Using these data, you can compare your practice against averages for your practice type. Let’s say you’re concerned that your patient volume might have room for growth – does your practice need to invest more in marketing and networking? A quick scan of charges per physician and patients per physician for your practice type can give you a rough idea of your physicians’ productivity compared against similar practices. If the number of patients seems in line, but charges per physician seems low, check the gross charges per patient. If that benchmark seems low, are you attracting the right kind of patients? Or could under-coding be suppressing charges (and revenue)? If your practice has multiple physicians, checking these data on a per-physician basis can help spotlight differences in coding behavior, for example, that might be affecting overall practice revenue.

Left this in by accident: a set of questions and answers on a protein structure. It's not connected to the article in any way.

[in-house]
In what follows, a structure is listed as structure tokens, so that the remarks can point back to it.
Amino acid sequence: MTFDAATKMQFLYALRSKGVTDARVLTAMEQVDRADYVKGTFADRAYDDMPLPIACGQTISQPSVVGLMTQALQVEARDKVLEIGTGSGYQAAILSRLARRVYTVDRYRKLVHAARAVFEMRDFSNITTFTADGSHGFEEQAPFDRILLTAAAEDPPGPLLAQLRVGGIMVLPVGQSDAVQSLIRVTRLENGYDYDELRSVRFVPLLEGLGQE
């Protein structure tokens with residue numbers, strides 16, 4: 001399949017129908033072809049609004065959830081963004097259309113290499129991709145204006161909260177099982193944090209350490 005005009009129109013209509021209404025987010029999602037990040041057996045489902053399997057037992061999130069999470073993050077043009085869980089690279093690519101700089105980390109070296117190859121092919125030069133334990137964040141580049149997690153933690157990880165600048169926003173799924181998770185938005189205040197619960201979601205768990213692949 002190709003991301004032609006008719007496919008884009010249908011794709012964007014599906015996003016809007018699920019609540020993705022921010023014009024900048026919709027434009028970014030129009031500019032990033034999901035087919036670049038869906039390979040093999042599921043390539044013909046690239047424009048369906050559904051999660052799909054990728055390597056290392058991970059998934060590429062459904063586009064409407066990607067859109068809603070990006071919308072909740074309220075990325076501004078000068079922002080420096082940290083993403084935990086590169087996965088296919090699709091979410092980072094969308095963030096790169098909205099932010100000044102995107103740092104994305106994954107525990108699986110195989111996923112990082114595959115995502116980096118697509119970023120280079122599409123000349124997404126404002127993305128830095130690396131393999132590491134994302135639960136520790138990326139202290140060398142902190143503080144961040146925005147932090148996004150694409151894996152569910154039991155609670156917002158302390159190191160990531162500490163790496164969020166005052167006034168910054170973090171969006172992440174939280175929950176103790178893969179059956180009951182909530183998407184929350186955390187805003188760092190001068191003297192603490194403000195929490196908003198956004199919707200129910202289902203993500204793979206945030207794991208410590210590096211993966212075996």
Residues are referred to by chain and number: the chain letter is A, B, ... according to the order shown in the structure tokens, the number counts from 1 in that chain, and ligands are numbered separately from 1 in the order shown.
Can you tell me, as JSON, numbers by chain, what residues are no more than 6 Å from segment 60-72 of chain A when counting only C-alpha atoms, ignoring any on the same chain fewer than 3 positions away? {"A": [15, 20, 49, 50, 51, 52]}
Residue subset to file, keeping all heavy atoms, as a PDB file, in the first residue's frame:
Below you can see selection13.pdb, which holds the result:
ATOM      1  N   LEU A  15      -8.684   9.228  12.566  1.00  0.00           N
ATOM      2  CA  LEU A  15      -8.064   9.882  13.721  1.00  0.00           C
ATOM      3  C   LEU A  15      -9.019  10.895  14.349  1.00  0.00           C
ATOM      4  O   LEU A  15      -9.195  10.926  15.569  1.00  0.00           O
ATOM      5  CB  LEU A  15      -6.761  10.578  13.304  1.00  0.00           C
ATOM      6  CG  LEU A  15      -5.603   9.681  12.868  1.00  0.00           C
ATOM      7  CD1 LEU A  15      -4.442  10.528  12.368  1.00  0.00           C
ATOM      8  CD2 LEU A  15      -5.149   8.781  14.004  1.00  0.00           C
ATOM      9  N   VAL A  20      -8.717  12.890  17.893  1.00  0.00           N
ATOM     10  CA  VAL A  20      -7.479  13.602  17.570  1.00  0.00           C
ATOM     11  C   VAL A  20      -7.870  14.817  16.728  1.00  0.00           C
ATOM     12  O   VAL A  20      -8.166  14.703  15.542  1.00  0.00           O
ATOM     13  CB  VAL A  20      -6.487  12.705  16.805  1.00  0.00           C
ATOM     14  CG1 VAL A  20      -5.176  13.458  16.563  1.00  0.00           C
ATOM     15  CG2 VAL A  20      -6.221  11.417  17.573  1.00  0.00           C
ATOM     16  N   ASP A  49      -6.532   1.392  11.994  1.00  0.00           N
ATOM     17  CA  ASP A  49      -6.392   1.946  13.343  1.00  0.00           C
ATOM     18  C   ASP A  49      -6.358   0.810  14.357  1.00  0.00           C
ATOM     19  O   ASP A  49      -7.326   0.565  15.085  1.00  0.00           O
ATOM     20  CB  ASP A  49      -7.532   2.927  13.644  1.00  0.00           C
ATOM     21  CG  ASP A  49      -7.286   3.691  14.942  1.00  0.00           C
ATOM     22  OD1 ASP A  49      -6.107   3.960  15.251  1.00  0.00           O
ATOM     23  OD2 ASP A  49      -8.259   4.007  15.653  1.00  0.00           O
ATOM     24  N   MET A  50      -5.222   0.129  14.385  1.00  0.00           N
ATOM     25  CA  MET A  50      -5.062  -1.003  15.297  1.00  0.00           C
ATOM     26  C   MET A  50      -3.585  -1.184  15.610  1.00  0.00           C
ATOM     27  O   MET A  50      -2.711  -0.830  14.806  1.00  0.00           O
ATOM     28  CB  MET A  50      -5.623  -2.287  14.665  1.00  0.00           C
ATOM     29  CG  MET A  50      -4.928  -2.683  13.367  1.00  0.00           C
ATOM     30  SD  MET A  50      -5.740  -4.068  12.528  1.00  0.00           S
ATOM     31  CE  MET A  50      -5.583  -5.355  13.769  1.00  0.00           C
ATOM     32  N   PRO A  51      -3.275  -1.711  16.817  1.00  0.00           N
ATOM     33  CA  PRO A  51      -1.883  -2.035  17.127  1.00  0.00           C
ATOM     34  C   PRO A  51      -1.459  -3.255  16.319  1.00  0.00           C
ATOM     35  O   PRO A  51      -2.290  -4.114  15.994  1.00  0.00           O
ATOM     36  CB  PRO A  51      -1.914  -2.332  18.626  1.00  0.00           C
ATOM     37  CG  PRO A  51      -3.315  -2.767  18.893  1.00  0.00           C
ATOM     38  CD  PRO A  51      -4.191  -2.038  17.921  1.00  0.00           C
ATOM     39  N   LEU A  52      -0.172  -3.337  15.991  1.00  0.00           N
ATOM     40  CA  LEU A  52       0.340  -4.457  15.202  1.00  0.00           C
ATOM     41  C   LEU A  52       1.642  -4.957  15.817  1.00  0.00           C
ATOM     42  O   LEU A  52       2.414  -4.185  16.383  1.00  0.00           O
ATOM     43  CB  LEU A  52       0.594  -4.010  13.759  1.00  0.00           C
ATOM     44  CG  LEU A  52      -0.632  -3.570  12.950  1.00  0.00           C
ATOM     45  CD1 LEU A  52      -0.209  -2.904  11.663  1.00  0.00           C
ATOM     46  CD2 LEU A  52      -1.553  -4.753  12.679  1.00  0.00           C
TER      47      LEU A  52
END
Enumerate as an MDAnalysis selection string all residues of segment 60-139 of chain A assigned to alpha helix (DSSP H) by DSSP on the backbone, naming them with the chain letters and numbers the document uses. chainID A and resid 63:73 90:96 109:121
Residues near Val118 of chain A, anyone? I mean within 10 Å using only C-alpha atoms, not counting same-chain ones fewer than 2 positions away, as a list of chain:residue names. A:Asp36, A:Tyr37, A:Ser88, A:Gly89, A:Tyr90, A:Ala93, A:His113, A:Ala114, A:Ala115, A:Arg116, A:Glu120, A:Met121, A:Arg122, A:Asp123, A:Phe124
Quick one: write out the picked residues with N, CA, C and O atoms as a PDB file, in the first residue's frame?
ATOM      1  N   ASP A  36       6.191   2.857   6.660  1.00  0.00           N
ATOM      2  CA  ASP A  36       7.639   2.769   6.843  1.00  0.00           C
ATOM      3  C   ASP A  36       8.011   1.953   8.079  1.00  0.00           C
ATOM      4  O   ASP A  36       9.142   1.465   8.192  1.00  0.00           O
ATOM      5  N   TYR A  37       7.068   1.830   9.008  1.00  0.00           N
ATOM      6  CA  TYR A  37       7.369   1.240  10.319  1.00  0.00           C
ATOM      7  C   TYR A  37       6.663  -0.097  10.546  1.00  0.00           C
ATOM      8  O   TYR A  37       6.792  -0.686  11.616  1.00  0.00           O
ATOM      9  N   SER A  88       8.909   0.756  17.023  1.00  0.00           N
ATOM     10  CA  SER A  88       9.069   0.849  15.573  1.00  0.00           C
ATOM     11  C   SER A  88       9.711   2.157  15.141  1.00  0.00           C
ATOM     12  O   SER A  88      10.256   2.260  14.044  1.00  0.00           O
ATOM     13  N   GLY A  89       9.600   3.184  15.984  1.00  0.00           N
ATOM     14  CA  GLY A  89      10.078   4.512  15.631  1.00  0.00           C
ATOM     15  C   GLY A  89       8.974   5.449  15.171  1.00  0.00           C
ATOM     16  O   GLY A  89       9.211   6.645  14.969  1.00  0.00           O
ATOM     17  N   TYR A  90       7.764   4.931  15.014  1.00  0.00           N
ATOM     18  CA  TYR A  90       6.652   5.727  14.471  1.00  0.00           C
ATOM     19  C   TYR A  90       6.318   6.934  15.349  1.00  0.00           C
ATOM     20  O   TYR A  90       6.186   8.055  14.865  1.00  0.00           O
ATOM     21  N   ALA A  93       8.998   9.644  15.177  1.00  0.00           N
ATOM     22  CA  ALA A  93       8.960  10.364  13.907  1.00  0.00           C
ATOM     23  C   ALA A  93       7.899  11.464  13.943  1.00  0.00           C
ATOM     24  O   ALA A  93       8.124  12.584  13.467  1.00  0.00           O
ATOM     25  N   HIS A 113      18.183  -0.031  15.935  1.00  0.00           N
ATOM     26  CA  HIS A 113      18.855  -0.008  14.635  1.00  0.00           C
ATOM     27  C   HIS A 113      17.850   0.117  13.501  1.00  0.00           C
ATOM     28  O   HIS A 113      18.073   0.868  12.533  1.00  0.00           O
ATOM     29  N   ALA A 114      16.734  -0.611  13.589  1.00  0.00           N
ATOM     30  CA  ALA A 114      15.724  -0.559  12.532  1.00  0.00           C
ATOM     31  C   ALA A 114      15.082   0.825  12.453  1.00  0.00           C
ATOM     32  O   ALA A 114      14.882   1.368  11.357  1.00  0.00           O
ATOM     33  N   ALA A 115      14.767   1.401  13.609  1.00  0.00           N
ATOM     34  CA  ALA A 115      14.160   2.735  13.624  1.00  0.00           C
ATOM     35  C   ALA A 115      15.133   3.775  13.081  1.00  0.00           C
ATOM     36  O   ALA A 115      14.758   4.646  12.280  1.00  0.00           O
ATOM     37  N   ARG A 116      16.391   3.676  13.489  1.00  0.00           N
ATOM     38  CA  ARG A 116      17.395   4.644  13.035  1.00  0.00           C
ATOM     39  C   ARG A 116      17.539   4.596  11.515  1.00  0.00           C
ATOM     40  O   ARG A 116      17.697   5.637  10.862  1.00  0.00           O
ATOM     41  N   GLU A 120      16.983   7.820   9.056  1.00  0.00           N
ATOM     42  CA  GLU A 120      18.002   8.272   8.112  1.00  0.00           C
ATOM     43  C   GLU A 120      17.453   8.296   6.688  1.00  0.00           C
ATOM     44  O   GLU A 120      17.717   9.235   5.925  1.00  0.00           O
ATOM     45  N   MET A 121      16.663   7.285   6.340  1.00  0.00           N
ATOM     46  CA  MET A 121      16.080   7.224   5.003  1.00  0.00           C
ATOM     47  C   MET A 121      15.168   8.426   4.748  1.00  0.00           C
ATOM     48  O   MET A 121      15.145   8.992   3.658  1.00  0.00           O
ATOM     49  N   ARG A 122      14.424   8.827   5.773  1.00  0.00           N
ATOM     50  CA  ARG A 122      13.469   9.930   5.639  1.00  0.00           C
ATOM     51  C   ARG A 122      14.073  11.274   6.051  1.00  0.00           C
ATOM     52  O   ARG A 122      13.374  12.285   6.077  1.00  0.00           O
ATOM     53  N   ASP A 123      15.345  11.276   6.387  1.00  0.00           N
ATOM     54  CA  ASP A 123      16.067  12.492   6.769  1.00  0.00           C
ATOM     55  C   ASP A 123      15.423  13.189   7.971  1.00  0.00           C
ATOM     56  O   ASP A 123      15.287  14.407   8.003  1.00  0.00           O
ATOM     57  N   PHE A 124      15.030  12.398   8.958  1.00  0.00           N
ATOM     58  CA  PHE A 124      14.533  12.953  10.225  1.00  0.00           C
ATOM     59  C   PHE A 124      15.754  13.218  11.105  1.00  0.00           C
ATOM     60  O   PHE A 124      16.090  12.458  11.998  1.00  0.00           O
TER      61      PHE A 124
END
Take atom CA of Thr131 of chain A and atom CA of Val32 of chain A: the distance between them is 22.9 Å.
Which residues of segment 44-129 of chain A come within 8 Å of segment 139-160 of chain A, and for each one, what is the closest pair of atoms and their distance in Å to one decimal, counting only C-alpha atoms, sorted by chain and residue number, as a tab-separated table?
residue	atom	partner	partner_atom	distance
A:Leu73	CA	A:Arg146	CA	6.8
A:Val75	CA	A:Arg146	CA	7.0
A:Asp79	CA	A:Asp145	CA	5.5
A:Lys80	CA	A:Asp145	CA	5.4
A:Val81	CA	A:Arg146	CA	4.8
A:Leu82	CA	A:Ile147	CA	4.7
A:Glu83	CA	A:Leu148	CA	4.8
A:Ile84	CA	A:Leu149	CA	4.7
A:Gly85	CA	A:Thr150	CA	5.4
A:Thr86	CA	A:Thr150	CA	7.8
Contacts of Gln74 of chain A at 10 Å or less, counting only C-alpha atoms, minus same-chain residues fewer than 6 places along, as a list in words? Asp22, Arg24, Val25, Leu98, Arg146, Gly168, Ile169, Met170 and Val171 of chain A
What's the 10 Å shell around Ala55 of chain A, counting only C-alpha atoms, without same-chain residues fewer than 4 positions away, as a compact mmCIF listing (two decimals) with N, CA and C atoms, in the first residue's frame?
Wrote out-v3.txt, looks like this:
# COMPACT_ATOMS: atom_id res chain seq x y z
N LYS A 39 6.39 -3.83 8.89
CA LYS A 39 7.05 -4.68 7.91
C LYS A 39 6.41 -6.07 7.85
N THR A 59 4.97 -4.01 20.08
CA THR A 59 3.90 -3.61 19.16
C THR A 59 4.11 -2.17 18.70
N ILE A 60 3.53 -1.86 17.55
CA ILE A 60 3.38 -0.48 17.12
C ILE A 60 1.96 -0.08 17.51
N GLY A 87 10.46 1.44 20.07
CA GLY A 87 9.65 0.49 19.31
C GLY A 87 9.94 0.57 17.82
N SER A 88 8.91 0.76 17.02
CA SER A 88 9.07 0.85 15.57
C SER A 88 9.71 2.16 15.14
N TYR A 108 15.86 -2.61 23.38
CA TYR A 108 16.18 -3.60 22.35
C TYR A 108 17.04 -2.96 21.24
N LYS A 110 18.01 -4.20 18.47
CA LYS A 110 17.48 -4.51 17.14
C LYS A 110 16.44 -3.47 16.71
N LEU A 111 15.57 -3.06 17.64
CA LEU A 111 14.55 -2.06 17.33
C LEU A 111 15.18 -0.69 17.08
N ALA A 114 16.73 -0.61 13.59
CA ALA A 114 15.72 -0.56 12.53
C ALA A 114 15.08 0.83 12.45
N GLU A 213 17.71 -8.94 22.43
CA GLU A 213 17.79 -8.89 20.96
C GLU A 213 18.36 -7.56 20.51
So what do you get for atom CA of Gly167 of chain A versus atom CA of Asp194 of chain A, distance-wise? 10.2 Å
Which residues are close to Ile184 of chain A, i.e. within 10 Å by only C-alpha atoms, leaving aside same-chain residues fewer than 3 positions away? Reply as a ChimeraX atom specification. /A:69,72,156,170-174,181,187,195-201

As you can see, the process rarely begins and ends with one benchmark: if one metric seems disparate, the next step is to consider related metrics, to try to isolate the source of the variance and determine how best to address it.
But, in some cases, the numbers can be even trickier to diagnose. Accounts receivable, for example, is one of the most important metrics for a practice to regularly track and analyze. But comparing against benchmarks doesn’t tell the entire story.